Dr. Diamandis has presented to numerous national and international meetings and has published more than 250 research papers, review articles, and book chapters. He co-edited a book entitled Immunoassay, published by Academic Press in 1996.
Dr. Diamandis’ previous awards and honors include the Chisholm Memorial Fellowship from the University of Toronto (1983), the ADLM Award for Outstanding Scientific Achievements by a Young Investigator (1985), the Med-Chem Laboratories Award for Best Poster Presentations at the annual Canadian Society of Clinical Chemists meeting (co-author of eight different winning posters between 1985 and 1998), the Van Slyke Society Research Grant Award of the ADLM (1989), the annual Research Excellence Award of the Canadian Society of Clinical Chemists (1995), and the Excellence in Teaching Award from the Department of Clinical Biochemistry, University of Toronto (1997). He was “Kubasik Lecturer”, Upstate New York Section of the ADLM (1998), and has won the Distinguished Scientist Award of the Clinical Ligand Assay Society (1999).
1985 Outstanding Scientific Achievements by a Young Investigator
Eleftherios P. Diamandis will receive the 1985 ADLM Award for Outstanding Scientific Achievements by a Young Investigator. This award is sponsored by Boehringer Mannheim Diagnostics, Inc.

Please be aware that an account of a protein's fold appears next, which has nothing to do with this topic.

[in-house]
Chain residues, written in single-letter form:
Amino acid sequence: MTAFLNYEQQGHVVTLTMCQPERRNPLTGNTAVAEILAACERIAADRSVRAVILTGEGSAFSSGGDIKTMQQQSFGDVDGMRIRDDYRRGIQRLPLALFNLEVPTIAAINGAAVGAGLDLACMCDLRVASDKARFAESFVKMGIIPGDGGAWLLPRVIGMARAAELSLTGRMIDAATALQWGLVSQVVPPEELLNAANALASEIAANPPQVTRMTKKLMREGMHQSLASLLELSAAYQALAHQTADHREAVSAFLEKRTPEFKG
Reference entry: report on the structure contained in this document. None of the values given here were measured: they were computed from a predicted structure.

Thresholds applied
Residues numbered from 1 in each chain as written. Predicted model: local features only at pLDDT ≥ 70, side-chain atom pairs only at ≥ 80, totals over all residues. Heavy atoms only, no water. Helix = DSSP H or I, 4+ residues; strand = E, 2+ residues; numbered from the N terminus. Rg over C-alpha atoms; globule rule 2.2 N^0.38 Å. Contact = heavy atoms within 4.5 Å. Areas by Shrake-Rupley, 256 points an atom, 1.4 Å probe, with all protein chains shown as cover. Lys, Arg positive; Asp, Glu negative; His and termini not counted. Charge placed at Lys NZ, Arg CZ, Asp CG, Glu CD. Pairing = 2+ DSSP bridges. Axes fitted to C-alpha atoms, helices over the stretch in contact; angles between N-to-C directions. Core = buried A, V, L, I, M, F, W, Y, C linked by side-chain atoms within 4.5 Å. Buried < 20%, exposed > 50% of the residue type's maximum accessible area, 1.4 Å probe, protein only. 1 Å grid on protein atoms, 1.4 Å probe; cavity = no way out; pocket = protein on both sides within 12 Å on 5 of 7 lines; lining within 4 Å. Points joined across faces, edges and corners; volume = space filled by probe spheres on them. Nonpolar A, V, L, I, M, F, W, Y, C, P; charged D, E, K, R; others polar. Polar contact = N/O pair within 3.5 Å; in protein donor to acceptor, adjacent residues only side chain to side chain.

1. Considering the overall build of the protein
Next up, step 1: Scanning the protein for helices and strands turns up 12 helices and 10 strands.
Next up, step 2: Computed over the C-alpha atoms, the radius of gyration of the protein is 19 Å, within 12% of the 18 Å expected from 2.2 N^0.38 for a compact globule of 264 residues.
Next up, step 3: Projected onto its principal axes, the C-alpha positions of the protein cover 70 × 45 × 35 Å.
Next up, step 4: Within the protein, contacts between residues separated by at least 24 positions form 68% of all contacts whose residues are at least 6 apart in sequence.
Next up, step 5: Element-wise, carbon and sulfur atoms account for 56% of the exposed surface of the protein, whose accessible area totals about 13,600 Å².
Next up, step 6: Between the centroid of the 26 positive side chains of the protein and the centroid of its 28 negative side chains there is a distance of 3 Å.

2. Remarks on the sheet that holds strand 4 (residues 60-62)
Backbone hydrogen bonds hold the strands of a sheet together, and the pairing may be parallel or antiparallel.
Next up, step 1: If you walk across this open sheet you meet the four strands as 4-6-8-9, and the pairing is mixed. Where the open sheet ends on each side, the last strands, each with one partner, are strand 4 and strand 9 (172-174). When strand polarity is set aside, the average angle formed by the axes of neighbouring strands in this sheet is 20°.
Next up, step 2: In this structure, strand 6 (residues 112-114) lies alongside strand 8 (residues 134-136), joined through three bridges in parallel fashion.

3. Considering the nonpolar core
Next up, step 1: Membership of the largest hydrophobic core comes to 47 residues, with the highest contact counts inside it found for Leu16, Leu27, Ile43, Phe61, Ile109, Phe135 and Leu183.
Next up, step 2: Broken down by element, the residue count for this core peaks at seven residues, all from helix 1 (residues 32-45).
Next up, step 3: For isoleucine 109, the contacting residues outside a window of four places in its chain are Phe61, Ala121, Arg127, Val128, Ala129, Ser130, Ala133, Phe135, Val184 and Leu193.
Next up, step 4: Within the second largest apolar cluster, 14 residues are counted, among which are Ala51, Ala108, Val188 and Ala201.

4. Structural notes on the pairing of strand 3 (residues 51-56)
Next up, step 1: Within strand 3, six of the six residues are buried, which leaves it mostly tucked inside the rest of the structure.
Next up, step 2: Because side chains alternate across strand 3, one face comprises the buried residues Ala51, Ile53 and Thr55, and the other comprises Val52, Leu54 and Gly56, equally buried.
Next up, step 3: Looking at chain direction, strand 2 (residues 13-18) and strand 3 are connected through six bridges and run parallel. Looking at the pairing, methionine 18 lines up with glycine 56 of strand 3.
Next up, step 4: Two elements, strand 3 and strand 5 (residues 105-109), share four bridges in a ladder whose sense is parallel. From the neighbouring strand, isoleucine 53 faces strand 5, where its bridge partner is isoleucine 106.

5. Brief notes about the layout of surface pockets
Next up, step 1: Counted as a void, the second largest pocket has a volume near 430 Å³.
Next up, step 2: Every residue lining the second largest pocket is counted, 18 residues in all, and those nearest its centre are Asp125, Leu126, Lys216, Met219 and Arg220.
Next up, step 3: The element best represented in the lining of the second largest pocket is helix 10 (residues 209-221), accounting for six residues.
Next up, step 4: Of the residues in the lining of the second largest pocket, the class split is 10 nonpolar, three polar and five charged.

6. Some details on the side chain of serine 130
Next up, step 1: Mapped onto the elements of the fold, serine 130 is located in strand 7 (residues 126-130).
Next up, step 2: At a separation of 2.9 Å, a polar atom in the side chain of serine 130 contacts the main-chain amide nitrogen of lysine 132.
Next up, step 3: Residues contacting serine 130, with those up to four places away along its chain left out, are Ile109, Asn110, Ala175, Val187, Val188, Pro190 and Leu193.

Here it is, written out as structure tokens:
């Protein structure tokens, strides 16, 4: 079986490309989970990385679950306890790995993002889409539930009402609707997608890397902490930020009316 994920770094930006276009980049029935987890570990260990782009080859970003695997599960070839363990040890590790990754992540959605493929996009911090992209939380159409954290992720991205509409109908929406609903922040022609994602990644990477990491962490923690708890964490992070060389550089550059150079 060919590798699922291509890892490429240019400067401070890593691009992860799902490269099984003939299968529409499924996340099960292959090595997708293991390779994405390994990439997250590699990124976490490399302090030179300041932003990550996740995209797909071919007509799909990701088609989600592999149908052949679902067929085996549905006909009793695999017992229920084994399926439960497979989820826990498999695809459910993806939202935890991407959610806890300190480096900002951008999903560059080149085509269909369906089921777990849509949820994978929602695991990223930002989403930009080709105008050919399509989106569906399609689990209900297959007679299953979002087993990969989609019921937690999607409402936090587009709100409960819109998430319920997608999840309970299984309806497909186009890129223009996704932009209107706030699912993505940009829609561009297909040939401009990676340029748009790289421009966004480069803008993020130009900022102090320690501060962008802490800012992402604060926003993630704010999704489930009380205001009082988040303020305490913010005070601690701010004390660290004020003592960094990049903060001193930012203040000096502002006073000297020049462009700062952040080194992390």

Dr. Diamandis received his bachelor’s degree and the Ph.D. degree in analytical chemistry from the University of Athens. He then joined the faculty there and has developed a collaborative program of research, rooted in fundamental analytical chemistry but becoming more clinically oriented and impacting upon important aspects of laboratory diagnosis. While continuing as a member of the professional staff at the University, he entered medical school. These studies were interrupted for two years, staring in 1982, to complete the diploma course in clinical biochemistry at the University of Toronto. He has since returned to the University of Athens as lecturer and to complete his medical training.
Dr. Diamandis has been involved in several research projects in the field of clinical chemistry. He has developed ion-selective electrodes for measurement of serum creatinine, albumin, and amylase; and he has adapted these techniques to continuous-flow analysis. He also has developed enzymic fluorimetric assays for bile acids and HPLC methods for glycated hemoglobins and urinary cortisol. Recently he has isolated digoxin-like immunoreactive substances from human serum and tissues and currently is working on the characterization of these compounds.
Dr. Diamandis currently has two students working toward the Ph.D. degree under his direction. He is the co-author of more than 40 journal papers, one book chapter, and 10 abstracts and presentations. He was the recipient of the Chisholm Memorial Fellowship for the period 1983–1984 from the Faculty of Medicine of the University of Toronto.
Dr. Diamandis is married and has two children, Maria and Phedias. His wife, Anastasia, a Ph.D. analytical chemist, is a lecturer at the University of Athens. During his free time, he enjoys playing tennis.